FLASHBACK: January 23, 2004A Conversation with Sen. Zell Miller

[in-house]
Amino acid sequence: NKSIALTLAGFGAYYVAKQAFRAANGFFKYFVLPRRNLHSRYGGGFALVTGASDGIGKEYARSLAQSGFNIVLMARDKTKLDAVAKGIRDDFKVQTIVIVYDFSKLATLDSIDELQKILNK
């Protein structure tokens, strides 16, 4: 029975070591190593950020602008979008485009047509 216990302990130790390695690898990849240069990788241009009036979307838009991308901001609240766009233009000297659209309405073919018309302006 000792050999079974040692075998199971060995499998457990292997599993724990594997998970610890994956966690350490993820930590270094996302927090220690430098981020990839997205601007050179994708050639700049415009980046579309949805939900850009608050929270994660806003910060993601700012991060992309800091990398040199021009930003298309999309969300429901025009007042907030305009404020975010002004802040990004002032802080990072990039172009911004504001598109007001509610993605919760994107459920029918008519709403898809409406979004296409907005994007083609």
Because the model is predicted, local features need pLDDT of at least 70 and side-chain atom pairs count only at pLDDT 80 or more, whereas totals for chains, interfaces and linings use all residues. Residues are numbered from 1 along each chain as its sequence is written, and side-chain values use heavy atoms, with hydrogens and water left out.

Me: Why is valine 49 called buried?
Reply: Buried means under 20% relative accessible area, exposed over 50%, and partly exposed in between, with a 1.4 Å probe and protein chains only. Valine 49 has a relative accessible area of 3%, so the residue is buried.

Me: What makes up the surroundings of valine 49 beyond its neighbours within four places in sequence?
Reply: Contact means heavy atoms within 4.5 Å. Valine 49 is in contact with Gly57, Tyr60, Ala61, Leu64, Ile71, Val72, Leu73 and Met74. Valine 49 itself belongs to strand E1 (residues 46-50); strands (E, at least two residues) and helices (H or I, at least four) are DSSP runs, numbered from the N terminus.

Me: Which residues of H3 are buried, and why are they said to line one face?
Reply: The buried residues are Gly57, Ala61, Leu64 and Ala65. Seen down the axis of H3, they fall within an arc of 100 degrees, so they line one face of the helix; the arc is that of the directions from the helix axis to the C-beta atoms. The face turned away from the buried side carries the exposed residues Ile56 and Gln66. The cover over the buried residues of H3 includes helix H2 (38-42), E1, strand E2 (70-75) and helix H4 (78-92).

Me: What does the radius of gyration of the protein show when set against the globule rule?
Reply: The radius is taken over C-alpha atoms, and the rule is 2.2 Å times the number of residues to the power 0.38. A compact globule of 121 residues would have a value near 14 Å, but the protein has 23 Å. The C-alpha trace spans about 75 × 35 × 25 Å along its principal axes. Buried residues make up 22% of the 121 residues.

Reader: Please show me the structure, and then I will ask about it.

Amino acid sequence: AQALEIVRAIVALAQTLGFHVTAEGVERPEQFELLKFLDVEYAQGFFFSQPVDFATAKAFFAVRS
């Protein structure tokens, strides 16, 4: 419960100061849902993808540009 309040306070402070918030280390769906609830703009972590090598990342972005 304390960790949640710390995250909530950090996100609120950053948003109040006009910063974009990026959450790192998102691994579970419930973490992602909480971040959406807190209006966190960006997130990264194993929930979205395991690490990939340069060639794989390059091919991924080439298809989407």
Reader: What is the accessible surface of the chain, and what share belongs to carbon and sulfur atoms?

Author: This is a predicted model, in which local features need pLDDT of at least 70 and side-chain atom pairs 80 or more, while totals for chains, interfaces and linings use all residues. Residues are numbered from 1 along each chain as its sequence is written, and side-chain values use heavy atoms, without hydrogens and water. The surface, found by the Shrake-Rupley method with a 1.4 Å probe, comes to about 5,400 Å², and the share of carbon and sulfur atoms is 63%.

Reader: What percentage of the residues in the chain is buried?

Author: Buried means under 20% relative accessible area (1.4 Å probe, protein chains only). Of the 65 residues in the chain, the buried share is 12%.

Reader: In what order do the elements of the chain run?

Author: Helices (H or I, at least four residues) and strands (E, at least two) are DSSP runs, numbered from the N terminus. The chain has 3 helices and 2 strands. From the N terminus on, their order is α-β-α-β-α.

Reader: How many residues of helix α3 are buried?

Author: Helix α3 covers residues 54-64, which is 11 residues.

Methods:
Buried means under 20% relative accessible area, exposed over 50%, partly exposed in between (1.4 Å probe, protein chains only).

(Editor’s Note: This interview was originally posted on January 23, 2004.) It is almost as rare these days for a Democratic politician to declare himself a conservative as it is for a U.S. senator to write a best-selling book. But Democratic Sen. Zell Miller of Georgia has done both. For nine weeks now, Miller’s A National Party No More?The Conscience of a Conservative Democrat has been on the New York Times Best Seller list. It currently sits at number 14, and has risen as high as number 4. The book is selling well for good reason: Witty and tightly written, it is the clearest explanation yet of how the Democratic Party lost touch with old-time American values, while turning its back on the new American South (see “Conservative and Democrat”). Miller, who co-sponsored President Bush’s 2001 tax cut plan, is uniquely qualified to speak with authority on this subject. Active in Georgia politics since 1959, he served that state as lieutenant governor for 14 years, and as governor for eight. In July 2000, Democratic Gov. Roy Barnes appointed him to replace Republican Sen. Paul Coverdell, who had died. In November of that year Miller was elected to serve the remainder of Coverdell’s term, which expires this year. Last January ’03, Miller announced the he would not seek reelection. HUMAN EVENTS Editor Terence P. Jeffrey spoke with Miller last week about his book and about the prospects for his party. In your book, you talk about John F. Kennedy and his election back in 1960 and the fact that he did as well in Georgia as any place in the country, But JFK stood for some things the modern Democratic Party doesn’t stand for. He was a hawk on defense, an anti-Communist, he called for supply-side tax cuts. What do you think is the major force that drove your party away from those principles that JFK stood for 40 years ago?” SEN. ZELL MILLER: Well, I think that these extreme left, special-interest groups got between the party, certainly in the South, and the leadership of the party that was driving it in Washington. And instead of being for those kind of issues, and those kind of positions, they got more interested in a lot more of this social engineering, and the political correctness stuff, and things that really did not touch Middle America. You also talk in your book about people seeing the Democratic Party as a values-neutral party. Coming up on Monday we have a national holiday celebrating Martin Luther King, the famous Georgian who 40 years ago himself wrote in A Letter From the Birmingham Jail that a just law is a law that comports with the law of God, and that an unjust law is one that doesn’t. That was the principle that gave success to the civil rights movement. Do you think the Democratic Party can justify much of its agenda today on that principle that Martin Luther King articulated 40 years ago? MILLER: No, I don’t think so. I think if Martin Luther King were alive today he would be very disturbed about the way that the Democratic Party that uses his name, and uses his legacy so much, has gotten away from the kind of values that he spoke about. One of the things I was impressed about in reading your book is your discussion of the fact that, unlike some Democrats like Jesse Jackson and Bill Clinton, who migrated from being pro-life to being pro-choice, you made the reverse migration from being pro-choice to being pro-life. Why did that happen? MILLER: Well, I tried to explain that in the book by pointing out that I sort of automatically took that position back then because that was the position that was being taken by a lot of Democrats, by a lot of people. And I no sooner had taken that position than I began to see that, hey, there are certain qualifications to that position and that I’ve got to have in order to be comfortable. I talked about how I first was very much in favor of parental consent, not only parental consent but also notification. And I came out for being against any kind of public funding being used for abortions. Then on and on, until the partial-birth abortion legislation that I signed when I was governor, which I was very comfortable with and supported. Then, finally, as I got older, and as I got to see more and more of my progeny come along with my grandchildren and then four great-grandchildren, I realized how blessed I was to have these little ones and I could not imagine how my life would have been, how my life would have changed, had one of my children, or one of my grandchildren, made the decision to abort one of those little, wonderful human beings. So, all this time I was also reading more on the subject. I was particularly impressed with Sean Hannity’s chapter on it in Let Freedom Ring, in which he talked about the Dred Scott decision and how at that time it was argued and how that later it was changed, and why it was changed. I watched the demonstrators as they came to Washington, and the advocates for life, and the number of 42 million human beings having been killed because of Roe v. Wade, and it just grabbed a hold of me very strongly that what if one of my four great grandchildren or four grandchildren had been one of those that never did get to enjoy the life that they have now. So now you’ve actually come all the way around to the opinion that you would like to see Roe v. Wade overturned, and you would like to see unborn children protected in law in this country? MILLER: That’s exactly right. I’ve come to feel very strongly about that. You know, senator, on my side of the aisle, among Republicans and conservatives, you sometimes hear the argument that we just ought to forget about this abortion debate, we ought to leave this issue behind, it narrows the base of the party and it’s really hopeless, people are so dead-set in their views on this that we just ought to forget about it. Do you think that’s wise? Or do you believe there’s hope that if we continue debating this that more Democrats such as yourself can be converted and that in the end we actually can overturn Roe v. Wade and return to being a pro-life country? MILLER: I think without any question it ought to continue to be debated because I think there are more and more people out there hopefully like I am who are troubled by the way that it is now. And I think the more discussion, the more troubled they may become, until they finally come to the same conclusion that I came to. In your time in the Senate, I think maybe the Senate has been as divided as at any time in the history of our country. You have the filibusters that have been maintained with the Democrats trying to prevent appellate court nominees that President Bush has made. You’ve voted with Republicans?have you voted with Republicans on all of those? MILLER: Oh, every one of them. Yes. How much do you think that this issue, this question of abortion, is really the underlying, driving force in this division in the U.S. Senate?” MILLER: I don’t think there is any question that this is the main reason for the division. I think that becomes more obvious every time that we come up with another nominee, and you see that the common denominator that they object to is this person’s possible position on that issue. Why do you think so many of your fellow Democrats in the Senate are so adamant on this? MILLER: Well, I think it comes back to these special-interest groups and how they work together, because it’s not just one special interest group that you have to buck on something like this issue, because they are?for instance, NOW, or NARAL, or whatever it is that they’re called?they are connected with, say, the employee’s union and the employee’s union is connected with the gun-control special-interest group. Together that’s a lot of people and a lot of money. Is it your perception that gun-control interests and the labor interests and so forth are actually pushing the pro-abortion agenda in the United States Senate among Democrats? MILLER: Well, I think that they all go together. I think indirectly that’s it. They support one another. They’re intertwined. It’s hard to separate them. They would probably deny that, but I think they scratch each other’s backs all the time. Do you think that some of your Democratic colleagues in the Senate who have voted to maintain these filibusters [and who] in their professional political careers are adamantly pro-abortion, that in fact in their hearts they really are pro-life and that they are capable of going through the same evolution you are, it’s just that these interest groups and fear for their political careers is what’s holding them back? MILLER: I think that’s true. I think that’s true. In fact, I know it’s true. You know its true? You actually know of Democratic colleagues in the Senate who might have even expressed that point of view to you? I’m not asking you to name names. But? MILLER: I think that you can look at some of the individuals in the Senate who are, some of the Democrats in the Senate, who are pro-life. And, yet, they vote against cloture. I think it has to do with how the special-interest groups have all kind of joined together. There’s so much opposition to President Bush out there that that also brings them together as well. It’s probably more than just this one issue. But I don’t think there’s any doubt that they work within one another to help each other’s causes that sometimes are not what the organization itself was organized to do. Given what you know about the Senate and the way it’s handled these things, what do you anticipate is going to happen when President Bush makes his Supreme Court nomination? MILLER: I think this is what this is all about?in anticipation of that. That’s what’s hanging over all of these appointments even right now is: Well, if we let one of these go through and we have an up-or-down vote then what kind of position does that put us in when we get to a Supreme Court nominee? This is all really a warm-up for the mother of all battles. MILLER: [Laughter.] You put it much better than I could. Another deeply profound issue that’s arisen in our country in the last year is the question of gay marriage and whether people of the same sex have a right to marry one another in the United States. What’s your position on that? MILLER: My position is that marriage is a very sacred institution. I just celebrated my 50th anniversary, by the way. Congratulations. MILLER: Well, thank you. It is sacred. It is something that should be, that is only to be, for a man and for a woman. I am closely watching suggestions on what we might do to make sure that that is what continues to be the law of this land. And whatever it takes in order to ensure that I will be supporting. You would support a Federal Marriage Amendment that would ban homosexual marriage in the United States? MILLER: If that’s what it would take. There’s also the question of civil unions on the state level. Some people say there ought to be a federal amendment or legislation that prevents states from essentially legalizing homosexual marriages whether they’re called that or whether they’re called “civil unions.” Other people say that ought to be left to the states. Would you support federal action to prevent states from legalizing “civil unions” as they did in Vermont? MILLER: Well, I don’t see any difference. I can’t see the difference between civil unions and marriage myself. To me they’re practically one and the same. I don’t differentiate between them. There seems to be, at least from my perspective, some disconnect between the popular opinions and the values of the majority of Americans and the way the federal government, the legislature and the administration, acts on issues like this. Clearly, the majority of Americans share the view that you just expressed. But it seems like there is reluctance, at least from my perspective, on the part of people in Congress to act on this issue. Why do you think that is? MILLER: I think it comes to two things: One is they don’t want to be accused of being intolerant. But this goes beyond tolerance, I think. And the other thing is, they’re politicians, and again, these special interest groups join together to protect one another. They would in this, like they have been on the abortion issue. What do you think about the President’s immigration reform plan? MILLER: I’m very much a supporter of President Bush and I always look for ways that I can help the President because I believe in him very strongly. I am not persuaded on that. I’m trying to understand what is involved here, as far as the jobs that are needed by employers. I’m trying to understand it. But to me, illegal means illegal. And we are a nation of immigrants of course, we all know that, but we are also a nation of laws and I’m having trouble reconciling that. As you may know, Senator [Jeff] Sessions [R.-Ala.] and I have a bill that relates to using local law enforcement agencies to try to help out immigration officials as far as the illegal aliens are concerned, when it relates to these 400,000?some estimate as high as 800,000?violent felons who are here illegally. I understand you have endorsed President Bush for re-election. MILLER: I was asked the question when I came out with the book, “Who are you going to support for President?” And I knew who I was going to support for President because I knew the nine Democratic candidates?now down to eight?who were running, and I knew President Bush, and there was no comparison. So, I said early on that I was going to support President Bush for re-election. And I began to get more questions about “Why do you have this position?” so in an op-ed piece in the Wall Street Journal several months ago I tried to put it in writing. It was because of how much I think of him as a person and how much I think of where he’s coming from as President, how important I think it is for him to be President at this particular time, when we live in a time of danger. I think the man, with his strength, gives us comfort in time of danger. It then grew into: Well, will you help him? And, of course, if I’m for somebody, I want to help him. So, it came to that. In your book you talk about how difficult it’s been for Democratic presidential candidates to win states in the South since Kennedy. Even Jimmy Carter and Bill Clinton, who were from the South, won only some states there. MILLER: Right. Do you see any of the current Democratic presidential candidates as having any chance of winning states in the South? MILLER: No, I really don’t. I mean, they talk a lot about Howard Dean’s not being able to carry states in the South, I don’t see any of them that can carry states in the South, including the two Southerners, Sen. [John] Edwards [N.C.] and [retired Gen.] Wesley Clark?because the positions they have taken on taxes for one thing, and the positions that they have taken on the war for a second thing, I think, makes them very, very unacceptable to a majority of the Southern voters. I’m not sure that I can speak very knowledgably about the Florida situation, but in most of the states in the South?and, I think, including Florida?they would have a very difficult time winning any of those states. Suddenly, in the last week or so Sen. [John] Kerry [Mass.] has made a resurgence in Iowa. At least one poll has him up. You don’t see Sen. Kerry as having a decent chance of winning states in the South?” MILLER: No, I don’t. In other words, the way you see things now, with the Democratic Party positioned the way it is, the only chance they really have of electing a President is to win all the Western states, all the Northeastern states, some of the big states in the Midwest. They lose anything there and they’re gone. MILLER: Right. Theoretically, you could win the election without carrying any of the Southern states. That’s never been done. But, theoretically, it could be done. And I’m not so sure that that might not be the strategy that some of the national Democrats right now are proposing. Probably not openly. Once you came out with your book and you made your analysis of this public, have any national Democratic leaders approached you and talked to you about how they can fix the problem, or at all been constructive in terms of how they can fix things rather than just keep them the way they are? MILLER: No, they prefer to kill the messenger rather than accept the message. I haven’t received that from many people. Some, who actually read the book?not in leadership positions with the national Democratic Party?but I’m talking about state legislators and I can say some in the Senate and the House, I remember one saying to me, “Right on”?or “Right as Rain.” I think is what he said: “Right as Rain.” [Laughter] But not very much. And that’s because of the leadership. Terry MacAuliffe, Tom Daschle, Nancy Pelosi, Al Gore, the titular head of the party now, they are so far to the left that they can’t accept what I’m saying as any substance or any value. And what it would cost them to rebuild the party in the South would be to break with some of these left-wing interest groups and moderate the leftist position of the party in some areas? MILLER: And they’re not going to do that because that’s where so many of their foot soldiers and so much of their money come from. What conversely do you think limits the appeal of the Republicans in the Northeast and Far West? MILLER: I can’t speak with any authority as far as other parts of the country [are concerned], all I know is a little something about the South, but I think it has to do with the values. I think it’s where they are on values. I think it’s where they are as far as secularism is concerned. I think it’s those things. Another interesting thing you wrote in your book is that the strategy for Democrats in the South has been to win 40% of the white vote and 90% of the black vote and then they can win. MILLER: Yep. But you see the Republicans now starting to threaten the Democratic base in the black community. MILLER: I think that in due time that’s exactly what’s going to happen. I’m not sure what due time is. I’m not sure how many election cycles that is. But, some time off in the future, that 90% automatic black vote is going to crumble, and when it does, politics are going to be completely changed in the South. That may not happen in my lifetime, but it will happen. I don’t see how an African-American living anywhere in the South, or anywhere else in the nation, can look and see a Colin Powell as secretary of state, a Condoleezza Rice as the national security advisor, a Larry Thompson from Georgia as, for a while, the deputy attorney general, and on and on. I don’t see how they continue to look at that and remain so adamant in their position that their future lies with the Democratic Party. That’s changing in Georgia right now. Two of the candidates running for my seat in the U.S. Senate are African-American. Herman Cain is an outstanding candidate. MILLER: Oh, yes, he is. I was with him last night at President Bush’s function in Atlanta. He’s an outstanding candidate. I have a feeling Herman Cain can have a huge, dramatic impact on the U.S. Senate if he were elected. MILLER: Yes, there’s no doubt about that. I think he’s going to have an impact on the electorate in Georgia. I don’t know how well he’s going to do because so many African-Americans will turn a deaf ear towards him, even if he is of their color. But he, I think, is a prophet of what can and will be sometime in the future. And when that happens that will be a very positive thing for the United States of America? MILLER: It would be extremely positive for the United States of America. Senator, I really appreciate talking with you very much. MILLER: Thank you.